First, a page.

This is the GINA Light Visionary Model, BMW’s new research vehicle, and the fruit of a project that has been shaping the brand in terms of design, research and development, and manufacturing for nearly a decade.
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On the surface it looks like a modern day BMW sports car, all sculpted taut muscles, displaying an interactive flow of concave and convex surfaces that has become the brand’s signature form language. GINA, however, may look like a typical car, but is in fact made of cloth. The virtually seamless polyethylene-coated Lycra stretch fabric is secured on a meshwork formed from metal wires.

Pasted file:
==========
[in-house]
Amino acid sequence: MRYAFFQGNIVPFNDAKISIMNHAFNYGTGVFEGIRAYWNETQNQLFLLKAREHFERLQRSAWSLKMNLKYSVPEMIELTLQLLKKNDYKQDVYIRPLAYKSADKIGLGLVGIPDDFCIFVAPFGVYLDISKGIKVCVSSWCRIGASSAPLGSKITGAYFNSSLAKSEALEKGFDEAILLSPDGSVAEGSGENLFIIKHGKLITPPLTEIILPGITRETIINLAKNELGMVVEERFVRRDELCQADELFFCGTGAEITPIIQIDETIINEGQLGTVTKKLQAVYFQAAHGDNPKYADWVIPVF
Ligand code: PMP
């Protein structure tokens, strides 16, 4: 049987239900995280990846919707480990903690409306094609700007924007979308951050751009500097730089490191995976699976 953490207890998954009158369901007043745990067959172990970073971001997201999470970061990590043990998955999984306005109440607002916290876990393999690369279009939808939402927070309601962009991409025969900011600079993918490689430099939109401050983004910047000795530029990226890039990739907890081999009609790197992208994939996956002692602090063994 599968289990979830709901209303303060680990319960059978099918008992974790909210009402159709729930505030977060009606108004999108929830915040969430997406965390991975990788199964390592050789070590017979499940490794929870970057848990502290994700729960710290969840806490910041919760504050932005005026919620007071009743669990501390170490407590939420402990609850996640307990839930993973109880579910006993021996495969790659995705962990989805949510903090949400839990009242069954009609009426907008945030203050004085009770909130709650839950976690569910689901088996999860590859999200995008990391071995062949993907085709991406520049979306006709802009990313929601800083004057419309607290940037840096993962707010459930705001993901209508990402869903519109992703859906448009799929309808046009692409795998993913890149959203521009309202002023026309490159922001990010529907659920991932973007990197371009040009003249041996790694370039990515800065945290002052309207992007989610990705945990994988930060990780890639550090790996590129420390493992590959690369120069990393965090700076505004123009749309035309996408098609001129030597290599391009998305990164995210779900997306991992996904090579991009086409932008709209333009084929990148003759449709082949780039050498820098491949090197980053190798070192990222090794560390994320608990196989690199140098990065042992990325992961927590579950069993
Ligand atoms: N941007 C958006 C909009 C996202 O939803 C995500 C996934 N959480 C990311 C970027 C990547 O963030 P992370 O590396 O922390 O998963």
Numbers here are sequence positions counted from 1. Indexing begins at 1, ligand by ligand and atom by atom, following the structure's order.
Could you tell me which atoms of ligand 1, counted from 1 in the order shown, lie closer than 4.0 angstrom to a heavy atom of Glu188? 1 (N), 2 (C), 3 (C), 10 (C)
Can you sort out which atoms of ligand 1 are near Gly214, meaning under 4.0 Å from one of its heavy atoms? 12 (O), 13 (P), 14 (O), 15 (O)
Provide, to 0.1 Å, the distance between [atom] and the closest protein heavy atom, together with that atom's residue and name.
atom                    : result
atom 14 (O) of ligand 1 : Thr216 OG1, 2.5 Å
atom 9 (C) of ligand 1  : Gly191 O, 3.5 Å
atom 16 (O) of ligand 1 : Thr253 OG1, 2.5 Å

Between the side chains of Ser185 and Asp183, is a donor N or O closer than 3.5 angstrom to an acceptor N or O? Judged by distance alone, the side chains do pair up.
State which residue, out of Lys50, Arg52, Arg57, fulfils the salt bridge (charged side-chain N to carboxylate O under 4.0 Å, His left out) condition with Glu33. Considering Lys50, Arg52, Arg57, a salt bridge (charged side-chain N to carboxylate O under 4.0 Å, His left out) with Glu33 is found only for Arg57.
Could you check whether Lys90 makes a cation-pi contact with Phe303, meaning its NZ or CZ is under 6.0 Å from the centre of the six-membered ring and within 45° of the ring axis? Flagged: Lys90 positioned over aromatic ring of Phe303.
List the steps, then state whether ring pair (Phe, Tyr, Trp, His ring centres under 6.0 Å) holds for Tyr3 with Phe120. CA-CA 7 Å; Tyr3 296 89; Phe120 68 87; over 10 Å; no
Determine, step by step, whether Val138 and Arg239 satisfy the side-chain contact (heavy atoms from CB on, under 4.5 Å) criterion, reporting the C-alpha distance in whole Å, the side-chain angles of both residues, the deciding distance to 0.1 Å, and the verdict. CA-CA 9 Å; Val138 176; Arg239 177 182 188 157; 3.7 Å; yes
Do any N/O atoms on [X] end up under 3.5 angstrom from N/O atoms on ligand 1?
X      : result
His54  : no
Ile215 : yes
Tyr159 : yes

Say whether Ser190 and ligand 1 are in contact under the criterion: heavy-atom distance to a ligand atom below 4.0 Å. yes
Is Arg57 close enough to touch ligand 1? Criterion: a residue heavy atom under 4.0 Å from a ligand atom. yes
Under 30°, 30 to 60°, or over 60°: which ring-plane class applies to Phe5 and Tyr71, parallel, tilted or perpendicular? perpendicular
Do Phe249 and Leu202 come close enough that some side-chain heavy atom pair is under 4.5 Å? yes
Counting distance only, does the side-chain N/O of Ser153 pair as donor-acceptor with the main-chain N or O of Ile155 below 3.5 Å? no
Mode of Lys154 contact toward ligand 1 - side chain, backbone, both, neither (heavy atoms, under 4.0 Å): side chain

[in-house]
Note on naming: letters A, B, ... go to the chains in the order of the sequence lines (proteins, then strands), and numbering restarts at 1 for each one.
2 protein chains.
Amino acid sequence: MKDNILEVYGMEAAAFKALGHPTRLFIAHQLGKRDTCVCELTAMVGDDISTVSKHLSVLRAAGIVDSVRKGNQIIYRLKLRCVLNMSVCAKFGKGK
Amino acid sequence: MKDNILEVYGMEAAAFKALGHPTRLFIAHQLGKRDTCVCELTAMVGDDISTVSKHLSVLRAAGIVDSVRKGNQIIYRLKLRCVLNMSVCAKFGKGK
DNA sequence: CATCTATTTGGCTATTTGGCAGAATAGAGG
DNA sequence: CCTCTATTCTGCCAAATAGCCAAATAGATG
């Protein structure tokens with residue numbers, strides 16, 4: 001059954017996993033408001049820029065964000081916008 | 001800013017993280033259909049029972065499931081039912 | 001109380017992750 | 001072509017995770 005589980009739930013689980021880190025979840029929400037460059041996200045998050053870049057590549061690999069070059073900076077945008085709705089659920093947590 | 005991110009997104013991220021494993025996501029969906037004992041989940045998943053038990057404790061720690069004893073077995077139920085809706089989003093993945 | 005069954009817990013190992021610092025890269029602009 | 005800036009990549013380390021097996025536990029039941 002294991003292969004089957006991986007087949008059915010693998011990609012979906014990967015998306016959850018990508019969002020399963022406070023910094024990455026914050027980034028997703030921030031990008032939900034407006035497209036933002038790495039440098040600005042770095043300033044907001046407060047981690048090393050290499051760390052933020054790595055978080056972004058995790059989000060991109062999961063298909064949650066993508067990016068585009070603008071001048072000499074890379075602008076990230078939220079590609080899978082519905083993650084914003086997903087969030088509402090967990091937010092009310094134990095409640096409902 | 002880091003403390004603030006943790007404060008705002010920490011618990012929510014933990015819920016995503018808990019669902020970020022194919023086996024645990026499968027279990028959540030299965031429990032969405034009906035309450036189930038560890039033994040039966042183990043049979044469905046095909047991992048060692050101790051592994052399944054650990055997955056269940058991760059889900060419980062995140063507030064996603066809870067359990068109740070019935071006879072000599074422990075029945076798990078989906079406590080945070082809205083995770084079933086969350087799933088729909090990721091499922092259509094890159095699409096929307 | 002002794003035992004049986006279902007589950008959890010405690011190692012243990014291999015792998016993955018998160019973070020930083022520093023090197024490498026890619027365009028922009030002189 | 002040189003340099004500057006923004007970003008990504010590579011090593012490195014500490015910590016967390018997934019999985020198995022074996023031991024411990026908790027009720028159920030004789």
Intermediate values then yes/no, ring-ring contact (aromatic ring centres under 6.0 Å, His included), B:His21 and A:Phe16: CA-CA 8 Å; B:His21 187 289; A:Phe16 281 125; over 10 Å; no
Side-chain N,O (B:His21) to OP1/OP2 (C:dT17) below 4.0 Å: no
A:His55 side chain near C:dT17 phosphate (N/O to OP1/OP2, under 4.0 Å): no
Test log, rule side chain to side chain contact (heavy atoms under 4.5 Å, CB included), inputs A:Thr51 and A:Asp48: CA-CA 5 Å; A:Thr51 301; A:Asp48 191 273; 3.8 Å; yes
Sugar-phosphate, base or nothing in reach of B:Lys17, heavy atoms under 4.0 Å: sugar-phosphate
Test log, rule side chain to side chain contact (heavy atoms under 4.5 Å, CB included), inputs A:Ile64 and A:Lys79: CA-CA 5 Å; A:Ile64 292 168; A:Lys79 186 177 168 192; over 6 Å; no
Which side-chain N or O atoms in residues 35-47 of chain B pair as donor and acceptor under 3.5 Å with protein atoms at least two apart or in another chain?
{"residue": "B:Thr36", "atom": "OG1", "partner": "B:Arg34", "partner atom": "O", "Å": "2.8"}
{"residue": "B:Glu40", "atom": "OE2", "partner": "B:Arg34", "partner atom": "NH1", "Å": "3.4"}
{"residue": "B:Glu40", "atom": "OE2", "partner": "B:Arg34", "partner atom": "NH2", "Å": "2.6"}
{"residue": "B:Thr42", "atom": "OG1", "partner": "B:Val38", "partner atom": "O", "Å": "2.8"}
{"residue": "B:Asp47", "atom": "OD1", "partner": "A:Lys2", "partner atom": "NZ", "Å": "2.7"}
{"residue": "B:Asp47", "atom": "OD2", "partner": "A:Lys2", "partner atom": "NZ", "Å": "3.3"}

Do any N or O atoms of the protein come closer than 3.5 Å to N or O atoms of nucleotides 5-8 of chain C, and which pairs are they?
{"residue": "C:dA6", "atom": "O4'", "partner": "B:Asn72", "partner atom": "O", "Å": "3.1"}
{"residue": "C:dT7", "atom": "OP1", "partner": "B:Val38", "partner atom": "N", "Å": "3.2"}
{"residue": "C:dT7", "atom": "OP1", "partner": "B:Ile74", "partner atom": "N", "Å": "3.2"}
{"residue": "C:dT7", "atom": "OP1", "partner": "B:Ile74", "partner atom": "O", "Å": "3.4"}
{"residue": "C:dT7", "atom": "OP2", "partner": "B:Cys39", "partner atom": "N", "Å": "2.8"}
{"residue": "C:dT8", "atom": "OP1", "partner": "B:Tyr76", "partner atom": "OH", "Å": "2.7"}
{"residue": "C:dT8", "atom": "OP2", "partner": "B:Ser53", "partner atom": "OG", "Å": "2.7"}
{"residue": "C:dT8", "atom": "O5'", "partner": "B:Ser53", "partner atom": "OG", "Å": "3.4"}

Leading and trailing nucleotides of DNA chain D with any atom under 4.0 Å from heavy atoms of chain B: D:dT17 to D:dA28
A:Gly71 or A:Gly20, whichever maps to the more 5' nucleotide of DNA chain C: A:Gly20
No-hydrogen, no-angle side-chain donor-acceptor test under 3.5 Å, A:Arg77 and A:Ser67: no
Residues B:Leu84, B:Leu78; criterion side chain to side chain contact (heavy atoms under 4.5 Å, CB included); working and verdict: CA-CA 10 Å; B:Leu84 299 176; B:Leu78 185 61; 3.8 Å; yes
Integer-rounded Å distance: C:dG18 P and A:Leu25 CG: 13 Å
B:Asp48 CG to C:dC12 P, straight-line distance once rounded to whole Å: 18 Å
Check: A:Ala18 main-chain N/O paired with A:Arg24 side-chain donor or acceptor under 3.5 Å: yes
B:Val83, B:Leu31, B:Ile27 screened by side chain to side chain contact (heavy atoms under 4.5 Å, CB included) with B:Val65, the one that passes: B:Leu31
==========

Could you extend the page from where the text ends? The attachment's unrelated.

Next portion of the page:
Individual elements of the aluminium substructure are movable. Electro-hydraulically controlled, they change their position to help the flexible fabric skin take on new shapes for a high degree of personalisation.
For instance the driver can activate a sensor to lift the beltline slightly to form a more aggressive stance. Another slowly opens the door triggering almost shark-like creases across the profile. On entering the stark cloth cabin, GINA awakens; the centre console and instrument panel swivel to almost cocoon the driver whilst invisible headrests rise from the minimalist seats.
The car is based on the Z8 chassis, BMW’s first aluminium space frame roadster where the frame carries the crash and structural load so that the rest of the car can have its own purposes. GINA was conceptualised in California at the think-tank studio Designworks, and later made into a full-scale sculpture by head of exterior design Anders Warming in Munich.